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US adds 12 more Chinese tech firms to trade blacklist

Written by Jiaxing Li Published on     2 mins read

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Companies on the blacklist include quantum computing developers and chip firms.

The US Department of Commerce added a dozen Chinese tech companies to its Entity List on Wednesday, citing national security and foreign policy concerns. This continues the “tech decoupling” that was first initiated by the Trump administration.

The 12 blacklisted firms are mainly quantum computing and semiconductor companies. Eight of the Chinese tech companies were sanctioned due to their alleged roles in aiding the Chinese military to develop quantum computing capabilities, according to the statement issued by the US Department of Commerce.

A total of 27 entities and individuals from China, Pakistan, Japan, and Singapore were placed on the Entity List. Potential US suppliers who wish to transact with these companies and individuals must apply for a license before doing business with them.

The actions will help prevent the diversion of US technologies to China’s military, Secretary of Commerce Gina Raimondo said in the statement. “The Department of Commerce is committed to effectively using export controls to protect our national security,” Raimondo said.

Chinese officials criticized the trade ban and claimed that the US has broadened the concept of national security and arbitrarily introduced sanctions. Shu Jueting, a spokesperson for the Chinese Ministry of Commerce, said on Thursday, adding that the move would harm supply chain security and recovery of the world economy.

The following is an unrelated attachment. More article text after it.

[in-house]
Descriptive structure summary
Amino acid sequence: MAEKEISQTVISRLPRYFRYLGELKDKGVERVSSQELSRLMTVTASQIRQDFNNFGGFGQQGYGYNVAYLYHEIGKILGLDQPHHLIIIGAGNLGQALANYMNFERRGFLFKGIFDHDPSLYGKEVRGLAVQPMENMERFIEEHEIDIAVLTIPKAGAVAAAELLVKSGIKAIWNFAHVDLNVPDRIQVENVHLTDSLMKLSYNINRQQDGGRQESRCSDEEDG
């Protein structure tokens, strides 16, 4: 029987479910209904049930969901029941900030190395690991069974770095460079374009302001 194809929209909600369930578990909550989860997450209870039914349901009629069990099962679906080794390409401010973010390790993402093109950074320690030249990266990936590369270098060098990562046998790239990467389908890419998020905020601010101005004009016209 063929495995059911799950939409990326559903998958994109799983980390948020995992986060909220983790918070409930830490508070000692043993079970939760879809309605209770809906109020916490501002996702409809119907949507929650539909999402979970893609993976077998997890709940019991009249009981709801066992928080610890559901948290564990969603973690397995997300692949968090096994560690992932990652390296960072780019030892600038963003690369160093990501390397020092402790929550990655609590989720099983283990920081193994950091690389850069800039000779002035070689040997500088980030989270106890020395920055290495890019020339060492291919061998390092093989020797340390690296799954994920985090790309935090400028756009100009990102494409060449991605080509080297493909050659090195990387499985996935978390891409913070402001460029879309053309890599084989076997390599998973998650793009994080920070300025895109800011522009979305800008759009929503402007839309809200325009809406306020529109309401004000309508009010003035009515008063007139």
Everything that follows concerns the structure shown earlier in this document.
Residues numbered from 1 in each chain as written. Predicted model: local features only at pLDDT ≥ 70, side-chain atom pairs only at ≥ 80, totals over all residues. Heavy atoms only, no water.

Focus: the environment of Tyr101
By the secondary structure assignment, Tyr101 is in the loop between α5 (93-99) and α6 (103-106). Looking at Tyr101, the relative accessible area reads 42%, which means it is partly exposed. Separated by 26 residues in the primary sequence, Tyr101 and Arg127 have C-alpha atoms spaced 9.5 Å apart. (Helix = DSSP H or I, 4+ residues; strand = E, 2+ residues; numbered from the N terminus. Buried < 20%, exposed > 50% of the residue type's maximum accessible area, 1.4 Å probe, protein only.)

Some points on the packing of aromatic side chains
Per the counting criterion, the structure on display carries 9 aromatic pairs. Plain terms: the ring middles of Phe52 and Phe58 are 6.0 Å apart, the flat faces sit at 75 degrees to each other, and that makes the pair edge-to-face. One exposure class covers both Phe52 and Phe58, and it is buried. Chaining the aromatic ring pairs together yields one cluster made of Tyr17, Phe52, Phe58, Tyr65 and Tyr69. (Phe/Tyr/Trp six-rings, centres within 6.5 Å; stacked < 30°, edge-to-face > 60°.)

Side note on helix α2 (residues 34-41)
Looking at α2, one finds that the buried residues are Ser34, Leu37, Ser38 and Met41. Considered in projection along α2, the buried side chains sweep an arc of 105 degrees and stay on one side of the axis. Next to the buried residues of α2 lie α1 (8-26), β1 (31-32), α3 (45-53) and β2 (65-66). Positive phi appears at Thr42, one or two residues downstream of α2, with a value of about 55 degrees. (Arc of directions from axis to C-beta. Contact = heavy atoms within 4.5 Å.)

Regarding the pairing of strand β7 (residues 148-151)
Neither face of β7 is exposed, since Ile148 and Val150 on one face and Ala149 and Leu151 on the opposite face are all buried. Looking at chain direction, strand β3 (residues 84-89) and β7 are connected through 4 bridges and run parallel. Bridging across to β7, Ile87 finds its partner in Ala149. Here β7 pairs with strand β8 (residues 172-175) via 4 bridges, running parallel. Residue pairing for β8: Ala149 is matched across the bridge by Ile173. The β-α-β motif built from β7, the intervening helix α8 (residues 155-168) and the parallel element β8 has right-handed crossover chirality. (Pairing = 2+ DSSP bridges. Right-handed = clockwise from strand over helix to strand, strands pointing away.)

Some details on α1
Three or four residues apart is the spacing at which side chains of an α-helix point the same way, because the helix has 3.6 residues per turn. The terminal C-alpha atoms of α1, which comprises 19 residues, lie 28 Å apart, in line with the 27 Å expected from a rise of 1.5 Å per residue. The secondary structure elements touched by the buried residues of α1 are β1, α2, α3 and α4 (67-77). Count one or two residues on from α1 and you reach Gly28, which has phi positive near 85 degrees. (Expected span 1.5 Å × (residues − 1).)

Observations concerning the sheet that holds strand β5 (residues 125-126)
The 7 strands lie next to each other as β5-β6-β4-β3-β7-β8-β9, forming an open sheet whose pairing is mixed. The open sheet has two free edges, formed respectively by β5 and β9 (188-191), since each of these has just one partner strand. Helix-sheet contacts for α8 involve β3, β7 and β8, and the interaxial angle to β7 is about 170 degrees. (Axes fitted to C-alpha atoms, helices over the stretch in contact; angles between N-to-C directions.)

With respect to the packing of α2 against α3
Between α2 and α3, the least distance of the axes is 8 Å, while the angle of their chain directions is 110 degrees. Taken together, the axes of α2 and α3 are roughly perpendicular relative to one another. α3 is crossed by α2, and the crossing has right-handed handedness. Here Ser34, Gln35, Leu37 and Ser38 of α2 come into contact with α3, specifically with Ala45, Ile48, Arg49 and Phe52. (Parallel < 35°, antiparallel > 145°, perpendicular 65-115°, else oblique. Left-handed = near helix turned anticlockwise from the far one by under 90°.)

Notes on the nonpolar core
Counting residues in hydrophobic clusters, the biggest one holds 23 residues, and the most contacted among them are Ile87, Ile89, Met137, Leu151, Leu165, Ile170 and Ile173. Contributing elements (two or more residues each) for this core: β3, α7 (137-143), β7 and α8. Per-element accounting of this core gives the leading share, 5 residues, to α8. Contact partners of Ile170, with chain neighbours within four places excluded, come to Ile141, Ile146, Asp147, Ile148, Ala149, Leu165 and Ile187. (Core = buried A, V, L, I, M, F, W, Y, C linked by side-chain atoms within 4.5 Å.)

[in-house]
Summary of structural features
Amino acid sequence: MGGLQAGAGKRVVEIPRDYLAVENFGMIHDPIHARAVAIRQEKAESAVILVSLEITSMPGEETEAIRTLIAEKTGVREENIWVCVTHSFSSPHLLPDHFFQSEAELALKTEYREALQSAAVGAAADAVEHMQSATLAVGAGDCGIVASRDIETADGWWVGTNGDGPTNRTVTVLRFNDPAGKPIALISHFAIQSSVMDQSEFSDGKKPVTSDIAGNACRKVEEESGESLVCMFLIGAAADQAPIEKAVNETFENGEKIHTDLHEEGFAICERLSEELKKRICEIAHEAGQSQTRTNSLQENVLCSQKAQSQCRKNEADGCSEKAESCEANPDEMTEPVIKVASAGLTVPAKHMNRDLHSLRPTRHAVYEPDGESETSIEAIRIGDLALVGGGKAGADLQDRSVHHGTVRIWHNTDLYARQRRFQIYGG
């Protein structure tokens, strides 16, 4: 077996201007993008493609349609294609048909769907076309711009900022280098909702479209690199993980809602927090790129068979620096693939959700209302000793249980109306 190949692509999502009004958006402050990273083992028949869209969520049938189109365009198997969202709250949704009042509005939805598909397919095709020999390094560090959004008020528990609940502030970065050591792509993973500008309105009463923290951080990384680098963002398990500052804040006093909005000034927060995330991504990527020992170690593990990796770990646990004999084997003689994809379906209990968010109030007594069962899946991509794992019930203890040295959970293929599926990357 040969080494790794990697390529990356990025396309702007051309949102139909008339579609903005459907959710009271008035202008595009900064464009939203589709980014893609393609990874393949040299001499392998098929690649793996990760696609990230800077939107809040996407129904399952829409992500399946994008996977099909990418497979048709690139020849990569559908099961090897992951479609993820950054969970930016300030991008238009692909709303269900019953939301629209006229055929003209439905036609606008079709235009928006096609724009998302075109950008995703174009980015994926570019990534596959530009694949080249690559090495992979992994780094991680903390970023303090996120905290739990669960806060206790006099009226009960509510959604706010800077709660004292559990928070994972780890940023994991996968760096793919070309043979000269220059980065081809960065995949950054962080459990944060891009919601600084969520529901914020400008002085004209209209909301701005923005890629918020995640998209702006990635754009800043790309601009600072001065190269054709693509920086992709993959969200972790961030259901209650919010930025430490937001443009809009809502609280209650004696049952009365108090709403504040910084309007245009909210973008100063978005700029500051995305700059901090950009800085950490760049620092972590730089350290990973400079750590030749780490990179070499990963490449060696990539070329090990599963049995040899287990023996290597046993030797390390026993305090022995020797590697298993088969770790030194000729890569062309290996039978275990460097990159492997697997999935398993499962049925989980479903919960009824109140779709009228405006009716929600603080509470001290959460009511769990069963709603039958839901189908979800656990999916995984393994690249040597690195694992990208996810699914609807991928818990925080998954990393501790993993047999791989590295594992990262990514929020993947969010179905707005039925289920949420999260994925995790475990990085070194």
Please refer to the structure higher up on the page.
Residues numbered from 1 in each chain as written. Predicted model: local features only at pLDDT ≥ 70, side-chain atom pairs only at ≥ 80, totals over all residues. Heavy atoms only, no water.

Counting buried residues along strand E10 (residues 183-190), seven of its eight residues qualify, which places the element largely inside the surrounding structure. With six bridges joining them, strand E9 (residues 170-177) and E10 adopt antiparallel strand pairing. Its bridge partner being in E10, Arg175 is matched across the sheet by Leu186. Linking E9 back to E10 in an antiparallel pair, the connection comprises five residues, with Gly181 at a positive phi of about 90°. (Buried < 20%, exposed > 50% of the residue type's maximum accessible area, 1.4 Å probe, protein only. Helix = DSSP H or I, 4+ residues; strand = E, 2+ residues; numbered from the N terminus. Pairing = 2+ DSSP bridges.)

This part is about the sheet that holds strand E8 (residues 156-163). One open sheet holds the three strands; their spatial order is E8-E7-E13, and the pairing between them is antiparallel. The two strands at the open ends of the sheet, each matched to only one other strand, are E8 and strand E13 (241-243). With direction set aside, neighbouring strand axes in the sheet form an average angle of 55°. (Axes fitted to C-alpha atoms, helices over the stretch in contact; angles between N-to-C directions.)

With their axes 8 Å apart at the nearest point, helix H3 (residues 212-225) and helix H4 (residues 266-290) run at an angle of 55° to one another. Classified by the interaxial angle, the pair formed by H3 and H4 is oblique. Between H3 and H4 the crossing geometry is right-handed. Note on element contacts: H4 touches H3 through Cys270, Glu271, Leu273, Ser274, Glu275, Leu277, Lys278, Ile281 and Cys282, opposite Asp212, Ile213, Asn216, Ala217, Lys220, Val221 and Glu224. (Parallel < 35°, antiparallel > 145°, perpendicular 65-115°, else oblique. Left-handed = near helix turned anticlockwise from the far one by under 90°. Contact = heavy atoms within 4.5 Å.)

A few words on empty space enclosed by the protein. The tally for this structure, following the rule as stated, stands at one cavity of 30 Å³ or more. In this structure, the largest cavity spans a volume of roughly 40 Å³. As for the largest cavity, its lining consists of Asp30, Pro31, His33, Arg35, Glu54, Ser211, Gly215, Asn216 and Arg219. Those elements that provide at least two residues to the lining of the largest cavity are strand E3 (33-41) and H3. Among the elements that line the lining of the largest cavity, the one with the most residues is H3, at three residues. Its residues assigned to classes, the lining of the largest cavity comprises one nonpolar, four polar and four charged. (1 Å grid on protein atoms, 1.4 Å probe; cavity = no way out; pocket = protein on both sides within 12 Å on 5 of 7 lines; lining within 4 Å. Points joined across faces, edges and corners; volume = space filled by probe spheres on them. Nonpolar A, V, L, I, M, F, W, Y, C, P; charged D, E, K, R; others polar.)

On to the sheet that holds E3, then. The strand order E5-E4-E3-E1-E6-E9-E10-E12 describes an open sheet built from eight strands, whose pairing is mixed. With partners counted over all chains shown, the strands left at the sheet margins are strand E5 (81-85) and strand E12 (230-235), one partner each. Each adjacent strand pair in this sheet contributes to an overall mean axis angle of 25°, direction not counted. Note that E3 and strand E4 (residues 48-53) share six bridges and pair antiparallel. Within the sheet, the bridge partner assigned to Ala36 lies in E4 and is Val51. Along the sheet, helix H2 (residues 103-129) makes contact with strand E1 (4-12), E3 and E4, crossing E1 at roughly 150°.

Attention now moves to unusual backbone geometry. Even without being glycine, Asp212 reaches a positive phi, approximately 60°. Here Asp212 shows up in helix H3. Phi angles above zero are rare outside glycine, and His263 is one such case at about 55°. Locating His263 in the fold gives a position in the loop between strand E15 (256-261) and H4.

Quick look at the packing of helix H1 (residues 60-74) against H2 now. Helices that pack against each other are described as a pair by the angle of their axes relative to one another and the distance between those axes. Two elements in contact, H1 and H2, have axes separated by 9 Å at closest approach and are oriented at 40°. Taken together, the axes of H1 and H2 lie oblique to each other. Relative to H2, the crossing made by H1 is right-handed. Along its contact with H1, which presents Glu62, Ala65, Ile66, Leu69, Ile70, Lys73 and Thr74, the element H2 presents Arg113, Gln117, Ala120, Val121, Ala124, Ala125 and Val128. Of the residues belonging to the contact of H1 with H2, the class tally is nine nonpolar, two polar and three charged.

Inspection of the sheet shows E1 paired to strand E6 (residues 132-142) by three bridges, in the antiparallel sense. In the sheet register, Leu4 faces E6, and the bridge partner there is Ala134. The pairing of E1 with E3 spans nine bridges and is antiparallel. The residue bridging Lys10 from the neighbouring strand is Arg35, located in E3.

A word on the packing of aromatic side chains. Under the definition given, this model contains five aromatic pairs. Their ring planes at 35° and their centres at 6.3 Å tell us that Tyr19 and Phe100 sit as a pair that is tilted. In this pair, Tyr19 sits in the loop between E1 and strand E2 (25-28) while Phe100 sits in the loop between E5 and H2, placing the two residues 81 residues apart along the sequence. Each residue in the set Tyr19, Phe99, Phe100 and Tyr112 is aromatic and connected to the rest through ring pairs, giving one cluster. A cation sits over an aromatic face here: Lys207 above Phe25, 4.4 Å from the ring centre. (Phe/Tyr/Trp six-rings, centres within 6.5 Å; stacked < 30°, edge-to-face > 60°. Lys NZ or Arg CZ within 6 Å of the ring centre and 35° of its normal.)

The restriction is Washington’s latest move to block China’s access to American cutting-edge technologies. In October, US officials said China has a sweeping national plan to dominate five key technologies, including AI, quantum computing, and semiconductors, and warned companies about the risks of trading with China, The Washington Post reported.

At least seven of the newly restricted firms are partially state-owned, or have ties with state-backed funds, KrASIA found.

China plans to achieve “tech self-sufficiency” and aims to meet 70% of the country’s semiconductor needs by mobilizing domestic suppliers. Nearly all major tech companies in China, including Baidu, Tencent, Alibaba, and Huawei, are developing their own advanced chips for smartphones, AI computation, vehicles, and other uses.

There are cases where Chinese companies on the Entity List still access foreign technology and components, like the country’s largest chip maker, SMIC.

Huawei was put on the Entity List in late 2019, and is now attempting to bypass the sanctions by spinning off business arms and licensing designs to external firms.

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